Forty-nine U.S. service members have died in Operation Desert Shield training accidents and routine operations. The Pentagon says that is to be expected. But our study of one training accident last summer on U.S. soil convinces us that maybe the Pentagon expects too little of itself.

An Army Black Hawk helicopter, like those sent to the Persian Gulf, crashed on a hillside in Arkansas July 27. It took four hours for help to arrive. By that time, five Green Berets were dead and another had lapsed into a coma.

The four-hour delay might be excusable if the helicopter went down in some remote corner of the world. But this crash occurred on the grounds of Fort Chaffee, an Army post in western Arkansas.

Our associate Jim Lynch has learned that there was no medical evacuation helicopter to rush to the crash. Fort Chaffee officials now claim that they could not have landed a medevac helicopter in the dense forest near the crash, even if they had one to land. But the post has one now, standing by for all Special Operations Forces training.

There also was no backup helicopter following the Black Hawk through its training exercise because of lack of available aircraft.

Fort Chaffee officials didn't even know the Black Hawk was training in their airspace until two hours after it crashed. And the Green Berets were flying their mission without batteries for all their radios and night-vision goggles.

A few hours may have made all the difference for Sgt. Charles B. Earnest. He survived the crash, but has been in a coma ever since. Head injury experts call the first hour after an accident, the "Golden Hour," because after it passes each succeeding hour without medical care more than doubles the extent of the brain damage.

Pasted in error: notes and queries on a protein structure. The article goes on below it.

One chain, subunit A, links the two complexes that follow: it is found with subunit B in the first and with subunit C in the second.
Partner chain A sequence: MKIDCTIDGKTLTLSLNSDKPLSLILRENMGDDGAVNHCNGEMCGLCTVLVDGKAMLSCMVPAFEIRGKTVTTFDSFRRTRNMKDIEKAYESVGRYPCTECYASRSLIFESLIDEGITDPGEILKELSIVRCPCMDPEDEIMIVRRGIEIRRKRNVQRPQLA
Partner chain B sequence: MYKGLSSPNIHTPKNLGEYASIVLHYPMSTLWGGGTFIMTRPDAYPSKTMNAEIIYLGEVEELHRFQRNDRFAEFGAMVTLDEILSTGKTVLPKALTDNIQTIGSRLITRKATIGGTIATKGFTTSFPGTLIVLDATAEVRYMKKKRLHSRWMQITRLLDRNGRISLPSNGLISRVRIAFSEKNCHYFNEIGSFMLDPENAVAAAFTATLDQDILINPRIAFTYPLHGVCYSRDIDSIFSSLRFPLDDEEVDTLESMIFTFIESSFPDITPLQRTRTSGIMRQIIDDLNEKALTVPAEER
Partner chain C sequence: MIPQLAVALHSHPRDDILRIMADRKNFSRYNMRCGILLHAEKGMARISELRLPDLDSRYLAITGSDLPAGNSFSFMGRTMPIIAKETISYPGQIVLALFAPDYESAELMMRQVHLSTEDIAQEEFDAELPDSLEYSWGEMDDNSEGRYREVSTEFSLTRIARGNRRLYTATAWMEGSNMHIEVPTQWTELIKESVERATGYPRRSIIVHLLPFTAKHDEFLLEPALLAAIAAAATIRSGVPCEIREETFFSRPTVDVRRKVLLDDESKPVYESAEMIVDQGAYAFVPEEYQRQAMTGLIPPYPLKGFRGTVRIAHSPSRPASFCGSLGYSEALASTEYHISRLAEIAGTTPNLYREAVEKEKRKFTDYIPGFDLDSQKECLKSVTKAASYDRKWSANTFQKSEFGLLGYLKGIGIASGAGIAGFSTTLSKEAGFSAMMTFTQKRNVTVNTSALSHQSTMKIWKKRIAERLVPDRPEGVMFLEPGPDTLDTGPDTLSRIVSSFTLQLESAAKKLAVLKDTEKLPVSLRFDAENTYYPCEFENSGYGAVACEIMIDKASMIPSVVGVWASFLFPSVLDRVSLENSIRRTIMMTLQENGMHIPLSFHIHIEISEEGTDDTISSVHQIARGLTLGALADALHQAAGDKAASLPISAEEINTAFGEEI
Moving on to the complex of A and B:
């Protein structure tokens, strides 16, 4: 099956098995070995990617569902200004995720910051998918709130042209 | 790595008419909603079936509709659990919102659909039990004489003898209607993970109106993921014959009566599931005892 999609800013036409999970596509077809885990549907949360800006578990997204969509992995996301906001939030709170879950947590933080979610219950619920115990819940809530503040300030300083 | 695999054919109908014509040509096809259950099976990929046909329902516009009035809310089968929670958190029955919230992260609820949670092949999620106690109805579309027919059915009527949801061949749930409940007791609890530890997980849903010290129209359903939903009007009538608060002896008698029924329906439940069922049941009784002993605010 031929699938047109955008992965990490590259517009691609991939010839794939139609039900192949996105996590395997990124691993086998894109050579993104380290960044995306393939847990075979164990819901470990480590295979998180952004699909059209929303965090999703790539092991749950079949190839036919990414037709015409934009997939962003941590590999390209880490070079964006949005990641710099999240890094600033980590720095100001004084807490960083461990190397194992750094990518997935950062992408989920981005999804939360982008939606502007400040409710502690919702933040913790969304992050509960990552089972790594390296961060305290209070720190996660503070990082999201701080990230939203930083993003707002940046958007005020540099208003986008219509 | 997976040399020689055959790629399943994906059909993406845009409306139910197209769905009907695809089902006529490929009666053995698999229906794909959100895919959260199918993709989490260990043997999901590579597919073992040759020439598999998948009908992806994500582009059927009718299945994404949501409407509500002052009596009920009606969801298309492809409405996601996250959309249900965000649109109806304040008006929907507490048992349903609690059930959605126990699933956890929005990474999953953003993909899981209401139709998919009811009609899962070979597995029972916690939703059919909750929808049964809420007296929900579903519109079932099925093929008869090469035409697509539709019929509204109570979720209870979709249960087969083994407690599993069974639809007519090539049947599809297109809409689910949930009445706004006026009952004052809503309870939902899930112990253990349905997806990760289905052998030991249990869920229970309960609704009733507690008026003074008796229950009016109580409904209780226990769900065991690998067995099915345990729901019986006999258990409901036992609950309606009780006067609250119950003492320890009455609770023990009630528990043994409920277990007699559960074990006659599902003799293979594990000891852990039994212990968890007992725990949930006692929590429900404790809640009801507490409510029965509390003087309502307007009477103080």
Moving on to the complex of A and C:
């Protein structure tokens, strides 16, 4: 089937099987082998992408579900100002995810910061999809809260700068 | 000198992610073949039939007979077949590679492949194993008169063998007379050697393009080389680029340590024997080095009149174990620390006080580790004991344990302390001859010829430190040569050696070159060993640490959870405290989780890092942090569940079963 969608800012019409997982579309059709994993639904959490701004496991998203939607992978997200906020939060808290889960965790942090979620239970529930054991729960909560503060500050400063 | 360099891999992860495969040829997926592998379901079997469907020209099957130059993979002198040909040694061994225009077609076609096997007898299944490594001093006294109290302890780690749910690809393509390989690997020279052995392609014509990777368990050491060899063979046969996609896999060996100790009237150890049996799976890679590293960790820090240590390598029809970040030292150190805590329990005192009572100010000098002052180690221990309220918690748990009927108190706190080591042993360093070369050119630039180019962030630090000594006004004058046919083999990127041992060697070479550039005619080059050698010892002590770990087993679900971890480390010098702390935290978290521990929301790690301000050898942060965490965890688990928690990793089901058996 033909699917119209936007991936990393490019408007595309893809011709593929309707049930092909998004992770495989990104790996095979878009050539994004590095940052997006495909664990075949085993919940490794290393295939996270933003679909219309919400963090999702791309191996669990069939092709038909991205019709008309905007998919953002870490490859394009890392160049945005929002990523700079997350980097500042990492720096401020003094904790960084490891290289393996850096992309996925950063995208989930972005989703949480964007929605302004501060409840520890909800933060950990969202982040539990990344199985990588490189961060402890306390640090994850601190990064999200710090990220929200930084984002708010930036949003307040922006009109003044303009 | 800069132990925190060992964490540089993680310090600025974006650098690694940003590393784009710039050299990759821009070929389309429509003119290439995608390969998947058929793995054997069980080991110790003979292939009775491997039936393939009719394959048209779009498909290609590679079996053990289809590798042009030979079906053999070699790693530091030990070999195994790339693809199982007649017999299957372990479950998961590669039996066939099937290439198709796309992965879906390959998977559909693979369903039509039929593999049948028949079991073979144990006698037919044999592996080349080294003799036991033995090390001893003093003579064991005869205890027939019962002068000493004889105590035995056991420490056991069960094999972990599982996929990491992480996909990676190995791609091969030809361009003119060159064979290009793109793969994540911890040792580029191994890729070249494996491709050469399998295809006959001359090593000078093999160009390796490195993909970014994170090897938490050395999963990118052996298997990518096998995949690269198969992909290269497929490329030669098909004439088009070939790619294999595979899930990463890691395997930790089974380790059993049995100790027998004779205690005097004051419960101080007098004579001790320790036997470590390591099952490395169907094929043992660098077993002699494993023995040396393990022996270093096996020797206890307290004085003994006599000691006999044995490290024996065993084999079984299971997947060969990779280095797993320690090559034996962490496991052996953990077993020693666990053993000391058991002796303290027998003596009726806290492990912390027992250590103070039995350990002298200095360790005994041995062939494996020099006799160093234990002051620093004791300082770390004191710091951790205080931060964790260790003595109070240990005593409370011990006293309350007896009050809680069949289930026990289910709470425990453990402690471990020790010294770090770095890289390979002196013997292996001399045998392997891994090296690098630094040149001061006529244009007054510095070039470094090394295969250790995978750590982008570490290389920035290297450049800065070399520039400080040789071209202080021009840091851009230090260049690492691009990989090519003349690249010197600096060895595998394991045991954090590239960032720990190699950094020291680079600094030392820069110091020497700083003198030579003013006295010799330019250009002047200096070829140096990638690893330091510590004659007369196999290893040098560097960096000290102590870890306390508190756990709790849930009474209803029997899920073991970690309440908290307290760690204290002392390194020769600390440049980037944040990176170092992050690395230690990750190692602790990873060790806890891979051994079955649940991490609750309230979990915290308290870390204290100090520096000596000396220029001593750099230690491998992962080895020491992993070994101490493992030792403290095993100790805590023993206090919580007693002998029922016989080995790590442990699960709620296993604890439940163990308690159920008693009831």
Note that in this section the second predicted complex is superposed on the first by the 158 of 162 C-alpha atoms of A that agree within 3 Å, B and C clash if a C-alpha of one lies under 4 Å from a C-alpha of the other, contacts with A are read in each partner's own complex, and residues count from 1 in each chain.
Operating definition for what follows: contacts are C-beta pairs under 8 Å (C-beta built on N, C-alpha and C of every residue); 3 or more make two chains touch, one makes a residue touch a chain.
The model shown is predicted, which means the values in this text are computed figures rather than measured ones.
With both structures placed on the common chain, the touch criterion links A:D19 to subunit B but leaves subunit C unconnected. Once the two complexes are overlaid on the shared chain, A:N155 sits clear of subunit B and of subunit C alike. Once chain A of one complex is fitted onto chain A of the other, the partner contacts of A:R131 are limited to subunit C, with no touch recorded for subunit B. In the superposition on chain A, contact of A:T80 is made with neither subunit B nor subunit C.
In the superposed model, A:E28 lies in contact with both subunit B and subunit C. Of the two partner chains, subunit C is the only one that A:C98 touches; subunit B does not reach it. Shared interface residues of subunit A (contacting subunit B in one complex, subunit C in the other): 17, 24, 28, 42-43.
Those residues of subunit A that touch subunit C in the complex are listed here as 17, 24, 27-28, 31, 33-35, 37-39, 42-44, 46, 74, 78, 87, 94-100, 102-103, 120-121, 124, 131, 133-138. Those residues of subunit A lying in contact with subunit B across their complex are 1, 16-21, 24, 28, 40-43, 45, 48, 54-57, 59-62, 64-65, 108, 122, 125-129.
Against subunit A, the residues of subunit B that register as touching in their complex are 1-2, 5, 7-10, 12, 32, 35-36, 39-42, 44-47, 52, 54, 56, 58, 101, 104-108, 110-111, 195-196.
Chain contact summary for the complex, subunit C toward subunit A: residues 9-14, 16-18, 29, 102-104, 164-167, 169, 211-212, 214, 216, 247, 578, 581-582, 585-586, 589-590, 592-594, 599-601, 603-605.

Earnest, 28, was a talented young soldier, fluent in two foreign languages, trained in computer programming, sky diving and scuba diving. Now he lies in a bed in Walter Reed Army Medical Center here, hooked to an oxygen machine and fed through a tube in his stomach. His closed eyelids flicker as his eyes move from side to side.

His mother, Minna Earnest, sleeps on a trundle bed next to her son. She fears the hospital is not staffed to give him the attention he needs, so she monitors his oxygen and food tubes. On Thanksgiving day, Mrs. Earnest went to the hospital cafeteria for a cup of coffee. Ten minutes later when she got back, her purse had been stolen right from the room of her comatose son.

A civilian neurologist recommended that Sgt. Earnest be treated with a high-tech coma-stimuli rehabilitation program. But the Army bureaucracy says it is too expensive and "unproven."

Dr. James Wasco, the medical director of the New Medico Head Injury System, a national network of rehabilitation clinics, told us that the therapy recommended for Earnest is so widely accepted that most insurance companies will cover it without hesitation.

There are signs that Sgt. Earnest isn't a hopeless case. He once stuck out his tongue when his mother asked him to, and he squeezed the hand of his godmother when she said goodbye. Mrs. Earnest says the Army may have given up, but her son hasn't.